News From Terre Haute, Indiana

Local & Bistate

June 22, 2012

There’s someone watching

State police finding new ways to crack down on speeding motorists

SEELYVILLE — Indiana State Police Trooper Jesse Schmidt hadn’t even made it to Tabertown Road when a Camaro flew by him at 57 miles per hour.

Driving a 2011 Dodge Ram pick-up truck marked as an Indiana Department of Transportation vehicle, Schmidt flipped on his sirens and stopped the car, part of the agency’s latest Crash-Reduction Enforcement Program.

You can imagine the Camaro driver’s surprise.

That kind of surprise may be a frequent occurrence as ISP goes to a range of vehicles — including INDOT trucks — to crack down on speeders.

Earlier Thursday afternoon, ISP Putnamville District Commander Lt. Dan Jones explained that this year’s spike in crashes has troopers employing new tactics in their efforts to reduce fatalities.

Seventeen fatal accidents have been recorded in the Putnamville district since January. According to Sgt. Joe Watts, that is just eight fewer than the 25 fatalities in the district for all of 2011. The number for all of 2010 was 35.

With 17 already tabulated before July of this year, officials want those numbers halted, he said.

Of the Wabash Valley fatalities, 12 involved a single vehicle, which is a rather unique occurrence, Jones said. Six of the local fatal accidents involved persons not wearing seatbelts. Most occurred between noon and midnight.

“Statewide and locally, we are studying these districts and working to reverse that trend,” he said, stating that across Indiana, fatal accidents are up about 24 percent from 2011.

Reading off numbers during a media conference hosted at the Terre Haute International Airport, Jones said the trend is “alarming.”

“Our number one mission is to reduce these crashes,” he said, adding the agency is prepared to employ a full cadre of vehicles in that effort.

Standing in front of an eclectic mix of motors, Jones pointed to red Ford Mustangs, white Dodge Chargers, Dodge Ram trucks marked as INDOT vehicles, a Harley Davidson motorcycle and a fixed-wing airplane. Marked and unmarked alike, the vehicles will scour roadways in search of dangerous drivers, he said.

“Another interesting observation is the correlation between the numbers of Indiana State Police traffic contacts, tickets or warnings, issued as compared to the number of reported traffic crashes from all police agencies across Indiana,” he said.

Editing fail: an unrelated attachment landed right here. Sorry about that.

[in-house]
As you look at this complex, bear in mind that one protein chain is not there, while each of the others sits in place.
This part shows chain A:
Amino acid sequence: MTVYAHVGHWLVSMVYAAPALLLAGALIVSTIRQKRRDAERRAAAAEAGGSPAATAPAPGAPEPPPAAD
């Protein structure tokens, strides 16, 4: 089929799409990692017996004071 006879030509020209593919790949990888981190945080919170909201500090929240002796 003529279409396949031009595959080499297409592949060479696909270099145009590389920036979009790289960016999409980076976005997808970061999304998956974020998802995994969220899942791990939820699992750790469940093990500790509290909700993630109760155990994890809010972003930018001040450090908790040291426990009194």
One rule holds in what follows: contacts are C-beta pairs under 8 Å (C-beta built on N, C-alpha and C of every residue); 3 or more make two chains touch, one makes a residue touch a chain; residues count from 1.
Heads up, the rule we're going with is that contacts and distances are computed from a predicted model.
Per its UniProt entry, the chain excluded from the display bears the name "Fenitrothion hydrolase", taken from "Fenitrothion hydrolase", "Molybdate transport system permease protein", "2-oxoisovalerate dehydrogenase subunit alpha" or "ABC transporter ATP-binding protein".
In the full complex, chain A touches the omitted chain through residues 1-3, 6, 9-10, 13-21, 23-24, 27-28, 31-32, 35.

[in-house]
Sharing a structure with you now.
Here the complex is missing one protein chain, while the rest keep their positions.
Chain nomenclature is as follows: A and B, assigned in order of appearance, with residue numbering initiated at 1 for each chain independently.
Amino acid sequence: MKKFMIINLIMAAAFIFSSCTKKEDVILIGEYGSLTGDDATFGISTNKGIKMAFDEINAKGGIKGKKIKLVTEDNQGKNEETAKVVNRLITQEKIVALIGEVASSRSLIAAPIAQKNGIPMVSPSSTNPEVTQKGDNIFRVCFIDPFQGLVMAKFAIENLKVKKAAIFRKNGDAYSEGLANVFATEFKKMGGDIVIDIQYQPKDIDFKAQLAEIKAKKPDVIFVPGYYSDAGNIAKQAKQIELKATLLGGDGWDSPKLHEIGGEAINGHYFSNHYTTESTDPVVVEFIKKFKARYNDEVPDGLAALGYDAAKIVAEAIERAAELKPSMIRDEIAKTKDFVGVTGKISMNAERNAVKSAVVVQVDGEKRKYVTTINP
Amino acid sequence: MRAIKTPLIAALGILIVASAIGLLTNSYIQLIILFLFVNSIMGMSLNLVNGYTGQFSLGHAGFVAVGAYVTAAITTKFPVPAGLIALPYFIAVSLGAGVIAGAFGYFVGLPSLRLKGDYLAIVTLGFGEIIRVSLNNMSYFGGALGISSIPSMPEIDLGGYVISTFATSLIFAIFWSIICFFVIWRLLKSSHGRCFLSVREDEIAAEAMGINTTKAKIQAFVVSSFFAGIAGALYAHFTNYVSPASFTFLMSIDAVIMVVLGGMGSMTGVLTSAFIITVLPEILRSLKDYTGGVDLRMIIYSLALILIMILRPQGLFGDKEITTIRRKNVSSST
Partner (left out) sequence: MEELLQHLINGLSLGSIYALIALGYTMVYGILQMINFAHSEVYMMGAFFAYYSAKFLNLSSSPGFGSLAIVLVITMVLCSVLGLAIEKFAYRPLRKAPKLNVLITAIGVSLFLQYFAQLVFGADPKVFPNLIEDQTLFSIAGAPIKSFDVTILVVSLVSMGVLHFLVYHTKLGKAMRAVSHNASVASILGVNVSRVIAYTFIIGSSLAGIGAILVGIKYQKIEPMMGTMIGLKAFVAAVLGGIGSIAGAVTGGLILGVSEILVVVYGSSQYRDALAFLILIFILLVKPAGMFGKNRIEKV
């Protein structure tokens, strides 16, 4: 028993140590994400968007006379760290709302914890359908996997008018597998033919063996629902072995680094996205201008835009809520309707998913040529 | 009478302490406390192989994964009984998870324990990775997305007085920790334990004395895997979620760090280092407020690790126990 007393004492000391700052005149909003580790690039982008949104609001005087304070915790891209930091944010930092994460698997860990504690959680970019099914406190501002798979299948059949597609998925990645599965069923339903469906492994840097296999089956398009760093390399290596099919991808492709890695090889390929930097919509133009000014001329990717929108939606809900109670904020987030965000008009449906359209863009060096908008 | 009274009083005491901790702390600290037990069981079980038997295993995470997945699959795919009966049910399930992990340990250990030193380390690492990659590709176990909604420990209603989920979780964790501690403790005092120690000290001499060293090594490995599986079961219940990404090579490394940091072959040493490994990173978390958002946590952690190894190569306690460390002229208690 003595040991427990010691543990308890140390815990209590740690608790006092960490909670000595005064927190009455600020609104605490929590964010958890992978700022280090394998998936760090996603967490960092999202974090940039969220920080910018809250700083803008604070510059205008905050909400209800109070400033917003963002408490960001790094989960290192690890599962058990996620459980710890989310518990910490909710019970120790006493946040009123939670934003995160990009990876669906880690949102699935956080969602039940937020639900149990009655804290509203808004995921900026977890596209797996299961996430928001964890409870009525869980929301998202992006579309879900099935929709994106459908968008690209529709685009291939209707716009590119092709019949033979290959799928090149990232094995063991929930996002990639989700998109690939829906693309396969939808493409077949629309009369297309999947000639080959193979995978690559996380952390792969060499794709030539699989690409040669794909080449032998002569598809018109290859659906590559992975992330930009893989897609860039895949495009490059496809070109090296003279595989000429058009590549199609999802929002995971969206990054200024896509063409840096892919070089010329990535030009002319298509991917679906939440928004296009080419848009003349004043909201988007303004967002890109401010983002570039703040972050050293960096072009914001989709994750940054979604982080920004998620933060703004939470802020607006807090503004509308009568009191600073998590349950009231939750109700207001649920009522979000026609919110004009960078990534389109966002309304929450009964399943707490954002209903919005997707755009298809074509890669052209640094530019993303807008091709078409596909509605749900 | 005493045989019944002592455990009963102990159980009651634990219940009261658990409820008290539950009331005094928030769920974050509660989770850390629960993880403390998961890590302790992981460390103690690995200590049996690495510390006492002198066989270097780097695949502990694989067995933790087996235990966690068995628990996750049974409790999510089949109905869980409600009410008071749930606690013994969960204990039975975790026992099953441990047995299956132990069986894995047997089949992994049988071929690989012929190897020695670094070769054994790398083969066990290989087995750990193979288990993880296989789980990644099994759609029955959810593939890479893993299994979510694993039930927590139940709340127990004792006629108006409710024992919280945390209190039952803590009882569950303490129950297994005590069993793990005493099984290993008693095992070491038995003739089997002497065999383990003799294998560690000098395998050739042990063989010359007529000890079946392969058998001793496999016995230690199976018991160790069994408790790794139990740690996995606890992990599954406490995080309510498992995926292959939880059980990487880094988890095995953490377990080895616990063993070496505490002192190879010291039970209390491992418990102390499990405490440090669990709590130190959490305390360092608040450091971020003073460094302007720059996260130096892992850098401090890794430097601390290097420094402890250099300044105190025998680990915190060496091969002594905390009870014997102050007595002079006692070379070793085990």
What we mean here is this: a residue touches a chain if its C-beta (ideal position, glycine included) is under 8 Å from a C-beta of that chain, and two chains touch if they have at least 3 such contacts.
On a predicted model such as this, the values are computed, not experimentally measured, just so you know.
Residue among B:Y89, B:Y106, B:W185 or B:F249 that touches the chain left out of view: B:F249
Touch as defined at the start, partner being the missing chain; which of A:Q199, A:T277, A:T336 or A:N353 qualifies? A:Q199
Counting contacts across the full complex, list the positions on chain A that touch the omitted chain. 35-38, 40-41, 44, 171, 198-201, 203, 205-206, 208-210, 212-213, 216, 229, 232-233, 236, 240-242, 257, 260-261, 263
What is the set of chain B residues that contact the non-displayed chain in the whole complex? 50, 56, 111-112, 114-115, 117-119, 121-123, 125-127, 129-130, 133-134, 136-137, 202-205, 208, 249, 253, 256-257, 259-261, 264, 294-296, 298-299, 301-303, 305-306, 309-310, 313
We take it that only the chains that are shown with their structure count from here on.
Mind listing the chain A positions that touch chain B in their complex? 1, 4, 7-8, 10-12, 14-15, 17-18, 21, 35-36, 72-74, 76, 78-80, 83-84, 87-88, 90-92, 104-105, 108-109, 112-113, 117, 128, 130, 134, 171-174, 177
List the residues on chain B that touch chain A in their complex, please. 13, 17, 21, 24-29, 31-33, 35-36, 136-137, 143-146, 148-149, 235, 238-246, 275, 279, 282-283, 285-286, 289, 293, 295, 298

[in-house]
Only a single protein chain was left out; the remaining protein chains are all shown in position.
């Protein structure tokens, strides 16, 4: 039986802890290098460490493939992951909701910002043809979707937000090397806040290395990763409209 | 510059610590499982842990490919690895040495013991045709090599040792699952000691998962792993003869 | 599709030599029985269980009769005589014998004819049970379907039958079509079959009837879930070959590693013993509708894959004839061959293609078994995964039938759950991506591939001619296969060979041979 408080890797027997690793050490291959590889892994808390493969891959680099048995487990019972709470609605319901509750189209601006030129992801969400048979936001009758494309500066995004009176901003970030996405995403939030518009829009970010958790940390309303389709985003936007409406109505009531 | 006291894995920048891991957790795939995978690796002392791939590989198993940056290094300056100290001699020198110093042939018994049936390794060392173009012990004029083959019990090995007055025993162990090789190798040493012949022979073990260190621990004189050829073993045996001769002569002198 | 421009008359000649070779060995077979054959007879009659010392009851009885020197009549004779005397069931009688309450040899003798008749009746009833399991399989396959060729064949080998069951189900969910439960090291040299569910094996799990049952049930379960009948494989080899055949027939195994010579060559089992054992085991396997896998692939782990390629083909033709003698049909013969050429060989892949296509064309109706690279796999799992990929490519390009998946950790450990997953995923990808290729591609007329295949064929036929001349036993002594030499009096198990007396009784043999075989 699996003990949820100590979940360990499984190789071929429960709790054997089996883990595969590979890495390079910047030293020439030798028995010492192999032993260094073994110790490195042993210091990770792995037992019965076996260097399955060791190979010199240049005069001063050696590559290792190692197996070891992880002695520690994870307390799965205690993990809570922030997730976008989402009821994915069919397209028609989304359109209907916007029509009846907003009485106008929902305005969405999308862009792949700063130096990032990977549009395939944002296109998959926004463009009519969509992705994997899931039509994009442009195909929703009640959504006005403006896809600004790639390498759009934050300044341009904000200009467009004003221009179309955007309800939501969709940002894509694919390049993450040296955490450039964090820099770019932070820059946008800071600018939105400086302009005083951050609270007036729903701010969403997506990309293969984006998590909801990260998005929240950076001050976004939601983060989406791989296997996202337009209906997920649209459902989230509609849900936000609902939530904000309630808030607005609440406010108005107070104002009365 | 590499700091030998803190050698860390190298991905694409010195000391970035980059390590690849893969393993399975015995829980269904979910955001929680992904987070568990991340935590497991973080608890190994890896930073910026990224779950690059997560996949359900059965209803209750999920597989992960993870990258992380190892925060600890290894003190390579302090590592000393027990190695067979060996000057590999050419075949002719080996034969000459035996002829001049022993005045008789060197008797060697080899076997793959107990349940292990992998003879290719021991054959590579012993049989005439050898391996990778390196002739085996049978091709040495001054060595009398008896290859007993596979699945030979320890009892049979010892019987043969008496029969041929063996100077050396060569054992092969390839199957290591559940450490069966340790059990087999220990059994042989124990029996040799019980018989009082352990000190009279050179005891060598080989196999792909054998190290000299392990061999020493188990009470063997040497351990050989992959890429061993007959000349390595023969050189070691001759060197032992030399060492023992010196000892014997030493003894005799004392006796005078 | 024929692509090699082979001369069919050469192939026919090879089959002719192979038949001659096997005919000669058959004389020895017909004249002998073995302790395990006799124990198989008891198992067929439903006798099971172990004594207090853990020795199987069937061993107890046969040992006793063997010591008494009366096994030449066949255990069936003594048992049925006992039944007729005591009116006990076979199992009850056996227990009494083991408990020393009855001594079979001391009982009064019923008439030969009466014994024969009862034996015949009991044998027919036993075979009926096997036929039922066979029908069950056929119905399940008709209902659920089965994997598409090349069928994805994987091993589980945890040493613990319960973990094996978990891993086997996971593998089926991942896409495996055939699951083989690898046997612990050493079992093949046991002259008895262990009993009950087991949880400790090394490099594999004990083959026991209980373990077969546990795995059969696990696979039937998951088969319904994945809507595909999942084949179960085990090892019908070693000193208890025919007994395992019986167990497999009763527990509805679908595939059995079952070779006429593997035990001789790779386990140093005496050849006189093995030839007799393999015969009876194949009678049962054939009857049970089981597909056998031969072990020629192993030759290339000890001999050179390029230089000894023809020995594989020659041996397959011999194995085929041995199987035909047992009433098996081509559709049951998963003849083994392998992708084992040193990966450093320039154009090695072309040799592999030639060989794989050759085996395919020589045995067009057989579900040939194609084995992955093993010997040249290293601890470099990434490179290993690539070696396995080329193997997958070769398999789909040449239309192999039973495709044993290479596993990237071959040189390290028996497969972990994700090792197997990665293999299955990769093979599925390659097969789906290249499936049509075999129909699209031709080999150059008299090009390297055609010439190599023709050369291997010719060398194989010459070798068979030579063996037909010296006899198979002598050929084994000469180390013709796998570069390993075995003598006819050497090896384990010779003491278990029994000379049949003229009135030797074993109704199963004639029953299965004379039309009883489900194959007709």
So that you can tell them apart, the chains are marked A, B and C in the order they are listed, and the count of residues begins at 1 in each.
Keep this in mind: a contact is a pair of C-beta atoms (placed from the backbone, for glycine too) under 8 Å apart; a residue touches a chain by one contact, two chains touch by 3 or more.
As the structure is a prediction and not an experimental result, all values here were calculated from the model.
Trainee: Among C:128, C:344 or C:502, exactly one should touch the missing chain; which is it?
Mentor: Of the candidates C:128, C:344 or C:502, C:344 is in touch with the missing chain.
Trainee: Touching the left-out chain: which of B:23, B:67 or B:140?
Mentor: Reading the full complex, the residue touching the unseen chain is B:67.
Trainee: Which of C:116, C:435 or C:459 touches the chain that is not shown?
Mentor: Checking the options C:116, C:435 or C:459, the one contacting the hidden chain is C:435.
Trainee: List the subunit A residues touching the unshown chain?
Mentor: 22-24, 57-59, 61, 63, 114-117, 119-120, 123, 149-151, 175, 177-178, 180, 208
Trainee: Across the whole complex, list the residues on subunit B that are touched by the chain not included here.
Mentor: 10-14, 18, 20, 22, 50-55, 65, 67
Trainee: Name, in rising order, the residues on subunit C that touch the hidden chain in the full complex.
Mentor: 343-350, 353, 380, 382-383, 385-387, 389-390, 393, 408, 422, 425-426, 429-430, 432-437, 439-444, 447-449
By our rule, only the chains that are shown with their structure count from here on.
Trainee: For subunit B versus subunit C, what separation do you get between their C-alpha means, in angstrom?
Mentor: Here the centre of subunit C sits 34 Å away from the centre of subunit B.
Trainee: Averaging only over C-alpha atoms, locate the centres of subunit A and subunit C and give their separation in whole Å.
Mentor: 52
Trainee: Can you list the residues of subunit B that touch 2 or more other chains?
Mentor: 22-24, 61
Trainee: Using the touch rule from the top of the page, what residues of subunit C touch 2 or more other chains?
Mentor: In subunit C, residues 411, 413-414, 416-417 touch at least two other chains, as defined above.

As measured between July 2008 and March 2012, the number of traffic tickets and warnings issued is inversely correlated to the number of crashes — meaning more enforcement equals fewer fatalities.

Watts said the Putnamville district staffs about 30 troopers, while 1,320 serve the entire state. From top to bottom, reducing crashes is the goal at hand.

The rise in fatalities seems to be most prominent in rural areas, Jones said. Last year, the city of Terre Haute witnessed a relatively number of such accidents, and enforcement was stepped up there in response. This year, only three fatalities have occurred in Terre Haute to date, and while the ISP won’t abandon the city, it will have to move out into the rural areas to respond to the recent increase.

While driving his truck on patrol around Chamberlain Road and U.S. 40 at East Glenn, Schmidt said his focus isn’t so much on expired license plates as it is on aggressive drivers and other indicators of “crash causalities.”

Minutes after pulling over the Camaro, he was back on U.S. 40, headed back east toward Tabertown Road. Setting his cruise control at the 45 mile-per-hour speed limit, he drove in the left lane and watched a car slide around him, from left to right lanes, at 58 miles per hour. Schmidt observed that the driver failed to signal properly and was not wearing a seatbelt.

“We have a zero tolerance policy for seatbelts,” he said, pulling that driver over.

After running a background check and speaking to the driver, Schmidt opted to write him a warning for the speed and failure to signal, but issued him a violation for not wearing a seatbelt. The goal, he explained, isn’t to “load people up” with expensive fines, but to get their attention, slow them down, and get the seatbelts into use.

Jones said seatbelts will be a focus of the campaign.

“Indiana has pretty high seatbelt usage numbers, and we intend to make them higher,” he said, adding that drivers who text, or use other mobile devices while operating a vehicle, will likewise find themselves targeted. “We are looking for people who appear to be distracted in their driving.”

Common factors in fatal crashes include drivers attempting to over-correct their vehicles after leaving the roadway, failing to yield right-of-way, speeding, and driving left of center, Jones said.

Brian Boyce can be reached at 812-231-4253 or


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